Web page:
Zimbabwe: Chiri Shines Light Into Dark Corners

editorial

Auditor-general Mildred Chiri has once again exposed the ingrained corruption and inefficiencies in state institutions -- as she has consistently done in previous years -- and once again the ball is in the government's court to end the rot.

Chiri presented her annual report for state enterprises and parastatals on Friday and what she uncovered, although not surprising given the history of unchecked abuse of state resources and institutions, calls into question the government's commitment to fight graft.

One the most shocking scandals uncovered by the auditor-general happened at the Zimbabwe Electricity Transmission and Distribution Company (ZETDC), where it was revealed that the company had not taken delivery of a transformers it paid for nine years ago.

The struggling parastatals paid US$4,9 million to Pito Investments for the transformers that were never delivered.

Chiri said the same contractor was also paid US$561 935 in advance by the Zimbabwe Power Company (ZPC) in 2016, but up to now nothing has been supplied.

During the same year, ZPC paid R196 064 to York International for gas that has not been delivered.

ZETDC and ZPC are subsidiaries of the power utility Zesa, which is struggling to generate enough electricity to meet demand because of ageing power plants and a severe drought.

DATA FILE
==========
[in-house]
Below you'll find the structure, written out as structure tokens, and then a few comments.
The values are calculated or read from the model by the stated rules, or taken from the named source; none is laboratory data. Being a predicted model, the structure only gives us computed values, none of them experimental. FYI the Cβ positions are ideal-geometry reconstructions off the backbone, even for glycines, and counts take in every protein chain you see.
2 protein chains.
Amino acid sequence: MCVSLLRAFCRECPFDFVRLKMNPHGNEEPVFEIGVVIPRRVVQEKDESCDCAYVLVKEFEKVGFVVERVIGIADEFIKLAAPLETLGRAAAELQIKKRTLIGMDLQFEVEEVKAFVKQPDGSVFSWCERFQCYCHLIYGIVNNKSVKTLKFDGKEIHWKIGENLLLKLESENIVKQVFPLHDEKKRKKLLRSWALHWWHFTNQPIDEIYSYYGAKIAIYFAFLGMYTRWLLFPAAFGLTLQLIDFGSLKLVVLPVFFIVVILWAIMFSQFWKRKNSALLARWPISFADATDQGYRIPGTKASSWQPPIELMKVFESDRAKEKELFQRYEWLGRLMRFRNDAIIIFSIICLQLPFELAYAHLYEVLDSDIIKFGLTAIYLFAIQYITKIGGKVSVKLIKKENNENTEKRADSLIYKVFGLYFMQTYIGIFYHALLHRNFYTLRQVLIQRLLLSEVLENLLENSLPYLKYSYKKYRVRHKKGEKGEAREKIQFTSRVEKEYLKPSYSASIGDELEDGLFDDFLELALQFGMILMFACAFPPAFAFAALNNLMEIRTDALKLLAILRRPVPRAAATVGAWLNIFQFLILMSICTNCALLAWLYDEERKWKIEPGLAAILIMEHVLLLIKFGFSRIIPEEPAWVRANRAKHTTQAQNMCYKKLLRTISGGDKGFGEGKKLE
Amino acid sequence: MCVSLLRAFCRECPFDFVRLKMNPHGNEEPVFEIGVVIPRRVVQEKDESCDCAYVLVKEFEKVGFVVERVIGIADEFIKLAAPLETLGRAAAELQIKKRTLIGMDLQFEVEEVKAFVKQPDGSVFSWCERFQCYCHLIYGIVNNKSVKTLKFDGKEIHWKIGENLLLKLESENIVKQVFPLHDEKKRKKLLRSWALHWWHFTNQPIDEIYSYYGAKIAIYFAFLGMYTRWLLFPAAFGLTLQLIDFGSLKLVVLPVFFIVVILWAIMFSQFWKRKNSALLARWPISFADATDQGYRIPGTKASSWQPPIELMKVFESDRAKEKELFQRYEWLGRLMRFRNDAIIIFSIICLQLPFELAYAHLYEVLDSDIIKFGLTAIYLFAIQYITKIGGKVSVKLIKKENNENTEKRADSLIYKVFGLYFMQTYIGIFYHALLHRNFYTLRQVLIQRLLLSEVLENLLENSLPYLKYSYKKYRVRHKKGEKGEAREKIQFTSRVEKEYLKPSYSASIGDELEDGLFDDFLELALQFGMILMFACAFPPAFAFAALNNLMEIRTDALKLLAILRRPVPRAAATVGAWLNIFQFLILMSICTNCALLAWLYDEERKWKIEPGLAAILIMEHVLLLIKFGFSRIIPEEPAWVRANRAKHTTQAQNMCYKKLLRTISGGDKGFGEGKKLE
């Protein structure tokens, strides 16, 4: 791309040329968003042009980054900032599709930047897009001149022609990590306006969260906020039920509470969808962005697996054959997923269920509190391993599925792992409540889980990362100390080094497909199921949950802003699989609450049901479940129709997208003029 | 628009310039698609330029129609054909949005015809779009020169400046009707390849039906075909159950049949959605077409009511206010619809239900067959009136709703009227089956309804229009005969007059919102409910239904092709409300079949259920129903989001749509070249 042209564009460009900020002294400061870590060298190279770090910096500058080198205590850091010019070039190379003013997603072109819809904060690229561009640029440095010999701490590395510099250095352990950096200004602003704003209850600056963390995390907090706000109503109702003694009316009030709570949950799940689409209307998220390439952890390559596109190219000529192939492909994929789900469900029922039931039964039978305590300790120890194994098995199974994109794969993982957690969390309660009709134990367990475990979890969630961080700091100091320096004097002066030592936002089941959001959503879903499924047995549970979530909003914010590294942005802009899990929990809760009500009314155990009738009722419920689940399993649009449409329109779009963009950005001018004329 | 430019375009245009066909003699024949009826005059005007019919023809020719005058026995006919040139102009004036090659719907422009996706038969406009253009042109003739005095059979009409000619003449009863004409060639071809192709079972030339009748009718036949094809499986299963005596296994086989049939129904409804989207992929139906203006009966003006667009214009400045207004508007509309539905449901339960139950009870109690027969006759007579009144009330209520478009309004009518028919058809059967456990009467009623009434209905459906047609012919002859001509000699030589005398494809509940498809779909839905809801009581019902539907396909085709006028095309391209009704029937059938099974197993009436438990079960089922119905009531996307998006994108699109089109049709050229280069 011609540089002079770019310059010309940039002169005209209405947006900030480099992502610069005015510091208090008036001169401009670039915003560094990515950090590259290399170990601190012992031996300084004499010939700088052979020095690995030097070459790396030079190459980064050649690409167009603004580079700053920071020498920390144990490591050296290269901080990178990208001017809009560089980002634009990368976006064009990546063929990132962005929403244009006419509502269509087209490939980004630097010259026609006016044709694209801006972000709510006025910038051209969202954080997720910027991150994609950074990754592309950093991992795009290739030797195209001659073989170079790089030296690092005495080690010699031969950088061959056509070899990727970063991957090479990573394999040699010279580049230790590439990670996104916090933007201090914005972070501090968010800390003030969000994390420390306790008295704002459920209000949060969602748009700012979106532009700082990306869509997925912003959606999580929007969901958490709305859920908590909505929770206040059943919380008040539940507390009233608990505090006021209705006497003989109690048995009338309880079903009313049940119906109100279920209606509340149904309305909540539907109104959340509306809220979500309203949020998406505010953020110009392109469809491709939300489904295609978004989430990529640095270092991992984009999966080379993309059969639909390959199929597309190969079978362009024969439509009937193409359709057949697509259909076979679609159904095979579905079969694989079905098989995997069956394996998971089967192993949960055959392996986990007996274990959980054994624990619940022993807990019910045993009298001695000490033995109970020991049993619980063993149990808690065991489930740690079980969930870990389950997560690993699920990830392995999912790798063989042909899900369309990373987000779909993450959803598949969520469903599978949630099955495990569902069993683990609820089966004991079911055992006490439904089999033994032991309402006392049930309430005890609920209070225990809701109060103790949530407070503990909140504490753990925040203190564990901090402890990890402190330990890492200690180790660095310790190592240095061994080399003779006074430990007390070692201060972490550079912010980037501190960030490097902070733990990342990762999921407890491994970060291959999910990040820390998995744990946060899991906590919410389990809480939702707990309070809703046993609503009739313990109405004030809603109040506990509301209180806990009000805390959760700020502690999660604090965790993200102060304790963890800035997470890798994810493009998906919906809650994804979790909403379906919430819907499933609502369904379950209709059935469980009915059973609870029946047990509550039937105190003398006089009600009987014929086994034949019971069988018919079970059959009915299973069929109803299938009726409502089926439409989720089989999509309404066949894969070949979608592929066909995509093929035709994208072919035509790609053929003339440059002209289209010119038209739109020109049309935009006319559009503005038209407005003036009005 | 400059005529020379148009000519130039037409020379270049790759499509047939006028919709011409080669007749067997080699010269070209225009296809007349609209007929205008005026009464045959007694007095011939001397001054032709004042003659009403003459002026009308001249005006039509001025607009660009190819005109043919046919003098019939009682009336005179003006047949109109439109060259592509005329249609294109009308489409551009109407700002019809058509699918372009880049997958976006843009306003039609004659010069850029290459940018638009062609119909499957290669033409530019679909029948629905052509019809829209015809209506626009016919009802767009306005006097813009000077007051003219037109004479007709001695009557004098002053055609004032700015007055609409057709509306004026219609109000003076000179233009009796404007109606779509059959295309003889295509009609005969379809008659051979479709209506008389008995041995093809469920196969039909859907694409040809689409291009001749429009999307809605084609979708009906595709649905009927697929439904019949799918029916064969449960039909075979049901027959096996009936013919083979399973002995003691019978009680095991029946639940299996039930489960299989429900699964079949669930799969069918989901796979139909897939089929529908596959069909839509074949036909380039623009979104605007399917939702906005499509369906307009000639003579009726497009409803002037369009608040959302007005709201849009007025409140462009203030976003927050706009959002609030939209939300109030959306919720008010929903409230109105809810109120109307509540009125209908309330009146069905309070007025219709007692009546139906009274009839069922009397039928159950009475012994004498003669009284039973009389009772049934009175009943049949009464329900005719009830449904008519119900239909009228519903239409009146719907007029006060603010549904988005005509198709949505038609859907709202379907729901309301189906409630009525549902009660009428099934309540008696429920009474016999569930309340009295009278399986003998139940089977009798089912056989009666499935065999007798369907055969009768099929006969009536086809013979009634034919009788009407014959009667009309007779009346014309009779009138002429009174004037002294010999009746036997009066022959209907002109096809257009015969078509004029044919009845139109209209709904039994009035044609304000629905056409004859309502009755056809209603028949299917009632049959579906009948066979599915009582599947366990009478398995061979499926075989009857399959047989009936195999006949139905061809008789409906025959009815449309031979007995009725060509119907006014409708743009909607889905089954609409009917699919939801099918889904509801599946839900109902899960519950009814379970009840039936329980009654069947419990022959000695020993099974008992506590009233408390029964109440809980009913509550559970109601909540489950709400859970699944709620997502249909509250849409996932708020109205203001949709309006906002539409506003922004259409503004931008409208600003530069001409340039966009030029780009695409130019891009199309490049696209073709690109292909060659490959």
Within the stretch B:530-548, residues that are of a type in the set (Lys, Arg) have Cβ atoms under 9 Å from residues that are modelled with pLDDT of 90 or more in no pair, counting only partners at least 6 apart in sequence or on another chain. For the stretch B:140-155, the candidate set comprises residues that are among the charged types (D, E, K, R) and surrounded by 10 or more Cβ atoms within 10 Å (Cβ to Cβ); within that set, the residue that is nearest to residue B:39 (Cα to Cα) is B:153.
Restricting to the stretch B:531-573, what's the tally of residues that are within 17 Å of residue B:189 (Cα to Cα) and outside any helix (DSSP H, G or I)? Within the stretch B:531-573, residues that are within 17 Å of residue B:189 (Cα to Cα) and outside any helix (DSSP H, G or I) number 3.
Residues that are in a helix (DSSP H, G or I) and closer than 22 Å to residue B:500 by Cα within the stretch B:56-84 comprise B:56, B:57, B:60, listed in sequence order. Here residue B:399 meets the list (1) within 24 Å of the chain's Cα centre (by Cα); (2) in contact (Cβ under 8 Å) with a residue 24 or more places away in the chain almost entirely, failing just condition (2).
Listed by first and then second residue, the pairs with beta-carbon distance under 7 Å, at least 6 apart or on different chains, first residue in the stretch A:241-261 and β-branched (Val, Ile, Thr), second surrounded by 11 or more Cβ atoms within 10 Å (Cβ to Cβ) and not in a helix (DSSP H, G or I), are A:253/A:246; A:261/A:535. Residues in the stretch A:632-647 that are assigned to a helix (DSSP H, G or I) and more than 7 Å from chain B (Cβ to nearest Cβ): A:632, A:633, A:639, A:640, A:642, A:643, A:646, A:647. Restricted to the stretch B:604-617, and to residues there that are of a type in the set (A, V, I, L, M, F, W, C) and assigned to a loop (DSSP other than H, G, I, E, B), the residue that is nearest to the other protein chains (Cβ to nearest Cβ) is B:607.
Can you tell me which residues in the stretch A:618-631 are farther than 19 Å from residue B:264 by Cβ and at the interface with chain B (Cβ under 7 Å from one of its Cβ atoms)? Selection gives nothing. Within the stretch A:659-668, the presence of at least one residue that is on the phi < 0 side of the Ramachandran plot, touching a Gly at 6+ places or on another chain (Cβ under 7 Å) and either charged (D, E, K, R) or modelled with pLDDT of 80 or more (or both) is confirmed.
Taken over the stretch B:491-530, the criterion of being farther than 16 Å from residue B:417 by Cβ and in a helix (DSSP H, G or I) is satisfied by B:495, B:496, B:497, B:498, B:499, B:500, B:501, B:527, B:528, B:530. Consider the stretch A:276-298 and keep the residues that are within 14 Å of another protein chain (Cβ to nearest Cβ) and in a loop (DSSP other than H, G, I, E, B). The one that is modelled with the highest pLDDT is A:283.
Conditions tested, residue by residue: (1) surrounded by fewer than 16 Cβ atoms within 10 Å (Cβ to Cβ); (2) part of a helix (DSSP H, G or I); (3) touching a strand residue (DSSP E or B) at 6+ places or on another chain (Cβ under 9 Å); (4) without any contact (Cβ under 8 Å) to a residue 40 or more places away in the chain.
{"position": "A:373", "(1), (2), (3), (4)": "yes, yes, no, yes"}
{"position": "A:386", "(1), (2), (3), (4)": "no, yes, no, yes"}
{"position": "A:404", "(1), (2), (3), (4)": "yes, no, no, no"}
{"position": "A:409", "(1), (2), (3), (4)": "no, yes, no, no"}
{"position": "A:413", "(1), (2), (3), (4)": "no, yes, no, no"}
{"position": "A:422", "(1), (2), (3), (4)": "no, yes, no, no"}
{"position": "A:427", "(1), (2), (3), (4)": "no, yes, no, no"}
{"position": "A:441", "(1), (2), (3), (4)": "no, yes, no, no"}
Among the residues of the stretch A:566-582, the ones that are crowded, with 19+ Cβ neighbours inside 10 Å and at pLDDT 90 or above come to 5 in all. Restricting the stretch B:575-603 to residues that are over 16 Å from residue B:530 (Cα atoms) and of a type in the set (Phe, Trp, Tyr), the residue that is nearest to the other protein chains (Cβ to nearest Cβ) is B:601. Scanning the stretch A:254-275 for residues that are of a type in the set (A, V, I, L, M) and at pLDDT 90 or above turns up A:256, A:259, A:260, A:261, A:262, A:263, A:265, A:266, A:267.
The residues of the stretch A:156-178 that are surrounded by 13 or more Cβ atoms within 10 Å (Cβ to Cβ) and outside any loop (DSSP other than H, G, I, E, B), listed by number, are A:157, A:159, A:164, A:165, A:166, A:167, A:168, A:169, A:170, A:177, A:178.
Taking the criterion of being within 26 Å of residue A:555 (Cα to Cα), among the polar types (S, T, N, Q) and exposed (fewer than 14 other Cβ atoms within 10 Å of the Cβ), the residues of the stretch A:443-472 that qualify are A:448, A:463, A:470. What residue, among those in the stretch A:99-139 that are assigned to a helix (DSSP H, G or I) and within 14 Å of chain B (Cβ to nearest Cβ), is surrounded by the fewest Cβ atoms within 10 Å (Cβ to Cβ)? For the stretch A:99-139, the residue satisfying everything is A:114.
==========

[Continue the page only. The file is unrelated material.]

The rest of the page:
Zesa has also been dogged by several scandals in the past and we don't recall any decisive government action to ensure accountability.

The usual suspects such as Air Zimbabwe, Zimbabwe School Examinations Council and the Grain Marketing Board were also exposed by Chiri's audit.

Several local authorities and government departments regularly flout the rules in the procurement of goods and services, the audits revealed.

The government is alerted to these discrepancies on a yearly basis, but nothing tangible is done to plug the loopholes.

Some of the leakages have a criminal dimension, but strangely the law enforcement agencies never take any interest in these audit reports.

The new government led by President Emmerson Mnangagwa has been high on rhetoric about ending corruption especially in state institutions, but very poor on delivery.

A number of cases of corruption that have been taken to the courts have collapsed spectacularly because of lack of proper investigations yet we have agencies such as the Auditor-General's office, which can be utilised to expose the rampant abuse of state resources.

The Zimbabwe Anti-Corruption Commission needs to act on Chiri's reports if it wants to be taken seriously.

Zimbabwe desperately needs a non-partisan approach in the fight against corruption and Chiri's professionally done audits are a good starting point.

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